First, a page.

Many are familiar with the televised version of the Kennedy Center Honors, but most don’t know that after the red carpet walk and star-studded tributes, the audience of A-list celebrities, politicians and distinguished guests all sit down for a multicourse meal in the Kennedy Center’s Grand Foyer. Here's a behind-the-scenes look.
A behind-the-scenes look at one of DC's biggest star-studded dinners
WASHINGTON — With breathtaking views of Georgetown, the Potomac River and Theodore Roosevelt Island, The Kennedy Center’s River Terrace is a favorite gathering spot for preshow selfies and intermission musings.
But on Sunday night, the overlook was a working kitchen.
More than 100 cooks bustled about the tented terrace, pushing stainless steel carts past long tables lined with nearly 2,000 glass plates, all waiting to be topped with circular towers of tuna and black truffle tartare — the first course of the formal dinner that followed the 41st Kennedy Center Honors.
“This has been weeks of planning and engineering to get to this moment,” said Ed Brown, chef and president of Restaurant Associates, the culinary company that oversees The Kennedy Center Honors dinner, and has for the last 30 years.
“And we [will] start thinking about next year’s tomorrow,” he said.
Many are familiar with the televised version of the Kennedy Center Honors — the nation’s lifetime achievement awards for those in the arts. But most don’t know that after the red carpet walk and star-studded tributes, the audience of A-list celebrities, politicians and distinguished guests all sit down for a multicourse meal in the Kennedy Center’s Grand Foyer.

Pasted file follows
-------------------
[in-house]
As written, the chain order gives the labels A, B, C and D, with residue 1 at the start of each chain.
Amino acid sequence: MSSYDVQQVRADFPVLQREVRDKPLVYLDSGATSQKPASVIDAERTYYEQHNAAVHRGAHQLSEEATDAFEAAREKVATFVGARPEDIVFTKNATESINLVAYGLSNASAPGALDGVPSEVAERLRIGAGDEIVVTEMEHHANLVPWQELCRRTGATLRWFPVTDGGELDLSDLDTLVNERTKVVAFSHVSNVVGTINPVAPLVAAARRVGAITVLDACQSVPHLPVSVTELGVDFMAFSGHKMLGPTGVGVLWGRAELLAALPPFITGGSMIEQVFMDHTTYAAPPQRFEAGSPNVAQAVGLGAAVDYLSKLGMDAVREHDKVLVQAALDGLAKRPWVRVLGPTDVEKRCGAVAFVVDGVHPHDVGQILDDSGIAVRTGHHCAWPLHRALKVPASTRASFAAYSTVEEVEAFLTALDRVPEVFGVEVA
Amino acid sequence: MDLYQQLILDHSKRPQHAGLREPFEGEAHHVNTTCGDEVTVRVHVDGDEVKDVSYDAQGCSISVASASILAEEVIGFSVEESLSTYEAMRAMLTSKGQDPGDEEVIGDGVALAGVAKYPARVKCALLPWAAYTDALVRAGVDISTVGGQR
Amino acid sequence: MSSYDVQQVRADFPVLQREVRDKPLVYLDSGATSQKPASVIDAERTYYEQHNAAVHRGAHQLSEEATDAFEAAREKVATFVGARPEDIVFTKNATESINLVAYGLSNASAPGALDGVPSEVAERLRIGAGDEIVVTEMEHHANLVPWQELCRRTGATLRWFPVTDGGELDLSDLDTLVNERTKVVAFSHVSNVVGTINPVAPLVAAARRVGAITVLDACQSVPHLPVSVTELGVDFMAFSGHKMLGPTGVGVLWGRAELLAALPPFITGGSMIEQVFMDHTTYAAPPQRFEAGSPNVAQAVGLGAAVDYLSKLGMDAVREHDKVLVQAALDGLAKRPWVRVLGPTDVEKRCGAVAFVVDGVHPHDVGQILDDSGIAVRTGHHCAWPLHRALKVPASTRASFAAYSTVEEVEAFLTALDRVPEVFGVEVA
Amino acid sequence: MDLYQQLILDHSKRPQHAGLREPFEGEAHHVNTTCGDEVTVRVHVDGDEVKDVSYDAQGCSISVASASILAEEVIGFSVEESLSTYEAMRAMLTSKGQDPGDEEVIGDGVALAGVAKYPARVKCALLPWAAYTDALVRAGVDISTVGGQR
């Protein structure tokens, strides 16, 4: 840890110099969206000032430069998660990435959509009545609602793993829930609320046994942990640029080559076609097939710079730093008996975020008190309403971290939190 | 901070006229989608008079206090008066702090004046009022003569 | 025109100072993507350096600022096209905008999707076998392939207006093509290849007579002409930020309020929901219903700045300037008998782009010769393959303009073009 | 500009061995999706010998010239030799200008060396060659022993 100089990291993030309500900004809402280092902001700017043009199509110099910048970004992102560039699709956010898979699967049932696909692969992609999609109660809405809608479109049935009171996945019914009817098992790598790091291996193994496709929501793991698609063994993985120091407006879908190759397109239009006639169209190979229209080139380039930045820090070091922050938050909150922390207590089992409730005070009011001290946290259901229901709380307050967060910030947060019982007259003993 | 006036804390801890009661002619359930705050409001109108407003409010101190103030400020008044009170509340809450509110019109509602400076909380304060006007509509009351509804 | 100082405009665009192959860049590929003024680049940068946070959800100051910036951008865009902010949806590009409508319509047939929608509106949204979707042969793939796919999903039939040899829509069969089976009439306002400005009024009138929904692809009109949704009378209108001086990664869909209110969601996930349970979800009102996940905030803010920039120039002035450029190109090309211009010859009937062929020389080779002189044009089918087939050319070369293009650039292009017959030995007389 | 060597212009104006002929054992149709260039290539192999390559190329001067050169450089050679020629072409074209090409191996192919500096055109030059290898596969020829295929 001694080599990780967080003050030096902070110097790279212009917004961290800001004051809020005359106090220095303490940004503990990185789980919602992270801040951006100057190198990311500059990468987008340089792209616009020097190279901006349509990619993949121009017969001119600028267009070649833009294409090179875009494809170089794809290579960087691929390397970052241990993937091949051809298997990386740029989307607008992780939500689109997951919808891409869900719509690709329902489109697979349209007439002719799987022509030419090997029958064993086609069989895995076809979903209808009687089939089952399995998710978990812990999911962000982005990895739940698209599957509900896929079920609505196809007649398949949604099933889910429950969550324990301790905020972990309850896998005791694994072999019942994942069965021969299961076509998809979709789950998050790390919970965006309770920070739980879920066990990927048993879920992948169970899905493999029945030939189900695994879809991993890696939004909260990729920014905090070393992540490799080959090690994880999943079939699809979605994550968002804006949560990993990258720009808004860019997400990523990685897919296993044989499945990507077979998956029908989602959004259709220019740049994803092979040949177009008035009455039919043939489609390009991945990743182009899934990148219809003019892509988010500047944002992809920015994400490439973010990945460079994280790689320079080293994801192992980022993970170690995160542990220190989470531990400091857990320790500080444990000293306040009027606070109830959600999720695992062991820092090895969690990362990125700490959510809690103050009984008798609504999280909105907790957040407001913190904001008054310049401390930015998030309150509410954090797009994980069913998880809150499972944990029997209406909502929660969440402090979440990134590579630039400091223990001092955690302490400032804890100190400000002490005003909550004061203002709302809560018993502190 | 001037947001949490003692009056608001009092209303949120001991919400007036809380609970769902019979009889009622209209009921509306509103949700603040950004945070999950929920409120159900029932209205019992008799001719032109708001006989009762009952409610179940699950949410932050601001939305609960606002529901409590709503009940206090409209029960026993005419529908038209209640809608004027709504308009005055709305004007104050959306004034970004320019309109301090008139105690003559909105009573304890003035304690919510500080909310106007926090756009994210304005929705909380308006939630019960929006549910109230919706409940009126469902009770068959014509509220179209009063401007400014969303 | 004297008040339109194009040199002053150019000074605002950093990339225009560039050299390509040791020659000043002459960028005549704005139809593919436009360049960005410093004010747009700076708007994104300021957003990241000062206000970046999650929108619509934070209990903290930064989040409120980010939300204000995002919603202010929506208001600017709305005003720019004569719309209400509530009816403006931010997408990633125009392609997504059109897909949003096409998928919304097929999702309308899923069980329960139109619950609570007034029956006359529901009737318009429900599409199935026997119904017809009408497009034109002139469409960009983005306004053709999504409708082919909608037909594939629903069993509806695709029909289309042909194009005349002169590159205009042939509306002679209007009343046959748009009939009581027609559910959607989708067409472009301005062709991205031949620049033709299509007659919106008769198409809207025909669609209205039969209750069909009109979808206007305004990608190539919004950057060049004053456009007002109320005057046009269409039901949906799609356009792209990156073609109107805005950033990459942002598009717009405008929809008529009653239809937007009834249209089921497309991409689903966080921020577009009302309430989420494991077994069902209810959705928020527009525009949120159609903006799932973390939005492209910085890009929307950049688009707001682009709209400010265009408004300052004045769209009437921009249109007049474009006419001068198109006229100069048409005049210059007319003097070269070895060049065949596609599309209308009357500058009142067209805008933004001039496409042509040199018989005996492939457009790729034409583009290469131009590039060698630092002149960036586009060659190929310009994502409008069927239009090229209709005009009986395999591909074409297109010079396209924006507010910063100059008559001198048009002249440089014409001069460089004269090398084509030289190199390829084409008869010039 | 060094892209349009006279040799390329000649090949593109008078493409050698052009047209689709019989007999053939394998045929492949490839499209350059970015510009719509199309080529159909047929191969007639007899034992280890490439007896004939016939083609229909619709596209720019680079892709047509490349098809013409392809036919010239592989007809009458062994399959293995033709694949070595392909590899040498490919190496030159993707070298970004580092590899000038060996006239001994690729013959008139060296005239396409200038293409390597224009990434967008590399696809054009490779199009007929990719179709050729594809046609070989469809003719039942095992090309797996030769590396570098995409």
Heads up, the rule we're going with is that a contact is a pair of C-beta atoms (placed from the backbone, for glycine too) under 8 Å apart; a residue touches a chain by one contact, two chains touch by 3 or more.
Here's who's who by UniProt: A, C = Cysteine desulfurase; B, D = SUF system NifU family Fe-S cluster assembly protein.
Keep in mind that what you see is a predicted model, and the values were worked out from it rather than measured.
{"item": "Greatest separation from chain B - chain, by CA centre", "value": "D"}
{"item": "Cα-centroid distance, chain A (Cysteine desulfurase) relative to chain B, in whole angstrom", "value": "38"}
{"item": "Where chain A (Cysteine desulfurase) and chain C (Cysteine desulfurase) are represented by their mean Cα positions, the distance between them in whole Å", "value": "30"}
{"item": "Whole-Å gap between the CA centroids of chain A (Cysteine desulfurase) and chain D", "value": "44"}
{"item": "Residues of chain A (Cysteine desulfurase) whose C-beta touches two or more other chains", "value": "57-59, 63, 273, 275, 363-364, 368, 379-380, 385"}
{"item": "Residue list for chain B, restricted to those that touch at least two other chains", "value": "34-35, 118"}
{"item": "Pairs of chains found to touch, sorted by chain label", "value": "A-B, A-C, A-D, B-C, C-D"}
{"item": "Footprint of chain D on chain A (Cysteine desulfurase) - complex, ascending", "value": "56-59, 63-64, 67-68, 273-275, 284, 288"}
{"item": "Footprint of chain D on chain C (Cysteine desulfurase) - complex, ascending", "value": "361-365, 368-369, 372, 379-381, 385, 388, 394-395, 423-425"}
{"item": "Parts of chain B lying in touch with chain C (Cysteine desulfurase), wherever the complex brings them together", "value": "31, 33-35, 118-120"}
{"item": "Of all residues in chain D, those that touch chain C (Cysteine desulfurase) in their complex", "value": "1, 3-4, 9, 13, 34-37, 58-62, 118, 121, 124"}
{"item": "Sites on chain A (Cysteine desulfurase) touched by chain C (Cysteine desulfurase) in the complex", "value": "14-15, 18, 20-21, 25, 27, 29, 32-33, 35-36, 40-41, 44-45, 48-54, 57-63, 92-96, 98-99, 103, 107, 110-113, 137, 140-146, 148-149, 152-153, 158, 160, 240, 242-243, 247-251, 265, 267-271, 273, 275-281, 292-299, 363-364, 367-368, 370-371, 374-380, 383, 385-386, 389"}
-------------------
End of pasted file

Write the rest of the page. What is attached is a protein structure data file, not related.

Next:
And after this year’s awards, everyone dined on licorice-braised short ribs, squash puree and baby white turnips. Two-tier, silver-plated dessert trays rounded out the evening.
“This is a restaurant-quality dinner,” said Brown, who has overseen Michelin-star kitchens and food service for venues such as the Lincoln Center and for events such as the U.S. Open.
“The food is simple and elegant, and that matches the event.”
The Kennedy Center is a public memorial that hosts guided tours, free concerts — even weekend yoga. Its accessible and varied programming is a bonus for visitors, but can prove tricky when the lobby needs to transform into a lavish dining room for 2,000 in a matter of hours — complete with floral centerpieces, crisp linens and menu cards fit for Cher.
It’s a task that takes Tom Durkee, Restaurant Associates’ director of catering at The Kennedy Center, months of planning and a staff of more than 300 to execute.
“The pressure is always high, but our staff is very used to it,” said Durkee, who initiated the dining room setup at The Kennedy Center around 10:30 p.m. the night before the event.
Sunday morning, the team arrived to finish the job, and they stayed until the early hours of Monday morning to pack it all up.
“We have to [break down] tonight because The Kennedy Center is, of course, a memorial and it opens at 10 a.m. tomorrow,” Durkee said.
How the Kennedy Center Honors dinner comes together
Serving high-profile people is the norm for Durkee and his team. Hands don’t shake when plates are set down in front of honorees such as Reba McEntire, and nerves don’t rattle when pre-dinner calls come in with special requests.
“The days of Rolling Stones and all that stuff are over. I think a lot of the focus now is really on healthy living, and that’s what the celebrities are doing, so our challenges now are fulfilling those needs, and so finding obscure items that are healthy, organic and vegan,” Durkee said.
Salmon and acorn squash were a few alternative dishes on-hand at the dinner for those who opted out of the short ribs.
“It’s a big deal and it’s a privilege to be a part of this event for so long,” Durkee added.